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The Centers for Medicare and Medicaid Services has given the approval for California, Florida, Kentucky and Oregon to expand Medicaid and Children’s Health Insurance Program coverage to up to one year postpartum – bringing the total number of states increasing postpartum Medicaid coverage to 11.

CMS estimates this would affect about 126,000 families annually across the four states.

Calling it a “significant step forward” for maternal health, Health and Human Services Secretary Xavier Becerra said Wednesday that families “deserve the peace of mind knowing they will be able to access the healthcare coverage they need, without interruption.”

The expansion of coverage in California, Kentucky and Oregon was made possible by a new state plan opportunity included in the American Rescue Plan. Florida will offer its coverage through a Medicaid and CHIP section 1115 demonstration.

The four states join South Carolina, Tennessee, Michigan, Louisiana, Virginia, New Jersey and Illinois in extending Medicaid and CHIP coverage from 60 days to 12 months postpartum. 

CMS said it continues working with other state partners to extend coverage for 12 months after pregnancy, which has also been proposed in states, including Indiana, Maine, Minnesota, New Mexico, Pennsylvania, West Virginia, North Carolina, Washington and Connecticut, as well as Washington, D.C. 

As a result of these efforts, as many as 720,000 pregnant and postpartum individuals across the U.S., annually, could be guaranteed Medicaid and CHIP coverage for 12 months after pregnancy, said CMS.


Medicaid covers 42% of all births in the nation, according to federal data. CMS framed the new option for states to extend Medicaid and CHIP coverage as part of the Biden Administration’s ongoing efforts to address disparities in maternal health outcomes.

According to a report published by the HHS Office of Assistant Secretary for Planning and Evaluation, one in three pregnancy-related deaths occurs between one week and one year after childbirth.

The current administration has backed a number of policies aimed at improving maternal health. Last year, President Biden issued the first-ever Presidential Proclamation marking Black Maternal Health Week, coupled with a set of initial actions to address the Black maternal health crisis; and Vice President Kamala Harris hosted the first-ever White House Day of Action on maternal health.

In addition, HHS recently issued a new final rule for Title X, the nation’s family planning program, to ensure access to affordable family planning services.

It also announced $6.6 million through Title X to address the demand for family planning services where restrictive laws and policies have impacted reproductive health access, or in states where there is a lack of or limited Title X access. In addition, the agency advanced its maternal health priorities, including expanding access to postpartum Medicaid coverage, rural healthcare services and implicit-bias training.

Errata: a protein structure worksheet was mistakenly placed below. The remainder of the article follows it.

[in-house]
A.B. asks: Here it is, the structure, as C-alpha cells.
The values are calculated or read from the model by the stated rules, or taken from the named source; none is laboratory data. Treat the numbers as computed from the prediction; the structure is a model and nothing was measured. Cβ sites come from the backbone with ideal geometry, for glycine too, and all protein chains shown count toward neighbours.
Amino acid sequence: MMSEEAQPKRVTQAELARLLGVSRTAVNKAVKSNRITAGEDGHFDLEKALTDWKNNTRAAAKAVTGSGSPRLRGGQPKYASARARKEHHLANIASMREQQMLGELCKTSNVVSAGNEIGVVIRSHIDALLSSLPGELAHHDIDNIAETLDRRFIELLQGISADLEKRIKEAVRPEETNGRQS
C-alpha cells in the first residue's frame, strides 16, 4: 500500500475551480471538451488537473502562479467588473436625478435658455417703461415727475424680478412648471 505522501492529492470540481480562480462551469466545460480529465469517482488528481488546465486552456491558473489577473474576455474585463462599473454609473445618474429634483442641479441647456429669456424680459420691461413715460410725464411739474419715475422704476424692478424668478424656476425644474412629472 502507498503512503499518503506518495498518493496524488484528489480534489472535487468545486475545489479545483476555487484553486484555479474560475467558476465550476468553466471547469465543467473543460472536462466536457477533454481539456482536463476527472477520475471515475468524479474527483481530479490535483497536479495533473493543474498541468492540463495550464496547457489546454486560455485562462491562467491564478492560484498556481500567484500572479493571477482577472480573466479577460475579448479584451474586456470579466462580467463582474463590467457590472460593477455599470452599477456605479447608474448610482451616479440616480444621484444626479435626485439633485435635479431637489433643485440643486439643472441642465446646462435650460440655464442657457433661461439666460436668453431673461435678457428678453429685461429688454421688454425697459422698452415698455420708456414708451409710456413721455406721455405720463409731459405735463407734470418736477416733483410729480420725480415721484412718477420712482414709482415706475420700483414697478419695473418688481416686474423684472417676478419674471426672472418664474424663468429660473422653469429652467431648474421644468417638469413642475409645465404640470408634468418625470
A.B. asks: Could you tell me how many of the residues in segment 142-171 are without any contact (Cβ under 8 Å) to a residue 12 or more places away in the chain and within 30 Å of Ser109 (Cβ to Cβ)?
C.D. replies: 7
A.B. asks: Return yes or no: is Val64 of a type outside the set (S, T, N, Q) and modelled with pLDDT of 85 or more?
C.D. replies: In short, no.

The Biden Administration initially expanded Medicaid and CHIP postpartum coverage in April, which was facilitated in part by the American Rescue Plan, which included an option for states to offer 12 months of postpartum Medicaid eligibility.

To receive federal funds and ensure consistency with federal standards, including those set by the ARP, states must go through a formal process run by CMS. States choosing to extend postpartum coverage must elect this option in both Medicaid and their separate CHIP programs, if applicable, and submit required state plan amendments to CMS. The new ARP state plan option is limited to a five-year period that ends March 31, 2027.

States like Louisiana that adopt the new extended postpartum coverage must provide coverage to all eligible individuals who were enrolled in Medicaid or CHIP while they were pregnant. This extended coverage period will last from the day the pregnancy ends through the end of the month in which their 12-month postpartum period ends.

The postpartum coverage option extends to current beneficiaries who are enrolled in Medicaid or CHIP while pregnant but are no longer pregnant when the state implements the ARP option – if they’re within the 12-month postpartum period when their state implements the option. It also applies to those who were pregnant at some point during the three months prior to applying for Medicaid if they met the eligibility requirements at that time.

Twitter: @JELagasse
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